Gliese 581d Confirmed as 'Habitable' Exoplanet 451

An anonymous reader writes "A rocky world orbiting a nearby star was confirmed (PDF) as the first planet outside our Solar System to meet key requirements for sustaining life." The "key requirement" was actually a Starbucks — astronomers were pretty surprised to find out that they like their coffee burnt on Gliese 581d too.

Newly-Discovered Arm of Milky Way Gives Warped Structure 81

eldavojohn writes "Researchers are now suggesting that a newly-discovered arm of the Milky Way Galaxy gives it a warped structure. Accumulated evidence leads them to claim that an 18-kpc-long arm exists on the other side of the galaxy and this arm traverses some 50 degrees across our sky as an extension of the Scutum-Centaurus Arm (which is one of the two major arms of our galaxy, the other being the Perseus Arm that we can see much more clearly). The researchers conclude that this extension of the Scutum-Centaurus Arm is partially obscured behind the middle of our galaxy because our galaxy is warped 'like the cap from a freshly-opened beer bottle.'"

Space Shuttle Endeavour Blasts Off On Final Flight 125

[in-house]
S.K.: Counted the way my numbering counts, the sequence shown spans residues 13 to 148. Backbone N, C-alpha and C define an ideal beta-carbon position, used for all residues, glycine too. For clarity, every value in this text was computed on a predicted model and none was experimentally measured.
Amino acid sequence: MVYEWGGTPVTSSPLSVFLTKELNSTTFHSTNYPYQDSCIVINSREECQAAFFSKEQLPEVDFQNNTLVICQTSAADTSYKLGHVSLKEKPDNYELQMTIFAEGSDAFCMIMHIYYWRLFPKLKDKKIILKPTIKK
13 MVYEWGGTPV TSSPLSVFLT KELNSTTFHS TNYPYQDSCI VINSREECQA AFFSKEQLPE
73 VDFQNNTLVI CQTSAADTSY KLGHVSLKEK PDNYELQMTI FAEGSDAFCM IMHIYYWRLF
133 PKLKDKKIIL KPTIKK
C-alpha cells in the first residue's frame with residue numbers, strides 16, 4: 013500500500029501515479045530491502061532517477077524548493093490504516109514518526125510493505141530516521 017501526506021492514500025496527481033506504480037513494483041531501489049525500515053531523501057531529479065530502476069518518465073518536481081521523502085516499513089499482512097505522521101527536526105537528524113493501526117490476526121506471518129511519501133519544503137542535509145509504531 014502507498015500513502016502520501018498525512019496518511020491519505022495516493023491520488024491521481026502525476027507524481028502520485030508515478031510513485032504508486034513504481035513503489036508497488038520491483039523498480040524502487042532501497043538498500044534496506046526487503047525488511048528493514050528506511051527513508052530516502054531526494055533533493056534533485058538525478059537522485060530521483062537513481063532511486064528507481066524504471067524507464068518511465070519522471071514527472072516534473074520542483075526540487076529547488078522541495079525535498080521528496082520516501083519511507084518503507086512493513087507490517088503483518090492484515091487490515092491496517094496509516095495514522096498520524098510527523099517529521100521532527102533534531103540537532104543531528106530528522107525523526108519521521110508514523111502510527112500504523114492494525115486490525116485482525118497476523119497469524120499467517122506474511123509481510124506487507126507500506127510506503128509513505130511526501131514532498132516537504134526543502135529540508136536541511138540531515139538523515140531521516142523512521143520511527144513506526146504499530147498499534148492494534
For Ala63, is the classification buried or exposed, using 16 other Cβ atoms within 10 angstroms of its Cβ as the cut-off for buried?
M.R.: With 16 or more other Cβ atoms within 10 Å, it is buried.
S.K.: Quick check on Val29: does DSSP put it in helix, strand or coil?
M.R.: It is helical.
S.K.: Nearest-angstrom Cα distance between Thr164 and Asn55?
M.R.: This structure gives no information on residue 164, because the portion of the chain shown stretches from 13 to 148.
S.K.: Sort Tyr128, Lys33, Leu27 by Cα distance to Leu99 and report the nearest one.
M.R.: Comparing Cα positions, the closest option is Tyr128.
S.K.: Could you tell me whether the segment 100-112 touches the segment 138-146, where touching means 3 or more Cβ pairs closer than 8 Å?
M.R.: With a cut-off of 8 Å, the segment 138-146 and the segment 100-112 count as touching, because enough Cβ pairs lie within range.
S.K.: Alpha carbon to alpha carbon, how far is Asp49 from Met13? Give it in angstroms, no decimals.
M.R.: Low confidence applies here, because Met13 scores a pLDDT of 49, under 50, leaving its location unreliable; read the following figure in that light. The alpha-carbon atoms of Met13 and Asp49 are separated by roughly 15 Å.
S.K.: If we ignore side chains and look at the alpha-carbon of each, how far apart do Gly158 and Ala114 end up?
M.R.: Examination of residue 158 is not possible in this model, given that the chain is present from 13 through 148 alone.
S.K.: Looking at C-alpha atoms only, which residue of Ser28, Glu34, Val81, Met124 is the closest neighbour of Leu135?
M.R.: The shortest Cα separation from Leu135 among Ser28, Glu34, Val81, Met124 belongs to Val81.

Velcroman1 writes "Space shuttle Endeavour rocketed into space Monday morning from Kennedy Space Center, led by mission commander Mark Kelly on the final mission for the youngest vehicle in the space fleet. Over 6 million pounds of thrust from the shuttle's rocket booster carried Endeavour into orbit, at speeds of up to 19,000 miles per hour, for an expected meeting with the International Space Station on Wednesday. 'It's incredible how you can see this machine hurled into space like the fastest fastball ever thrown, going to Mach 25 — 25 times the speed of sound — and it's an incredible race to orbit,' former NASA astronaut Tom Jones said. 'It's one of the greatest physical sensations an human can experience,' he added."

NASA Satellite Snaps First Image of Target Asteroid 57

coondoggie writes "NASA today said that its Dawn spacecraft snapped the first image of the giant asteroid Vesta it hopes to rendezvous with in July. The asteroid is 530 kilometers in diameter, and appears as a small, bright pearl against a background of stars. Vesta is known as a protoplanet, because it is a large body that almost formed into a planet. It's the second most massive object in the asteroid belt, NASA says."

Stellar rays prove fibbing never pays. Embezzlement is another matter.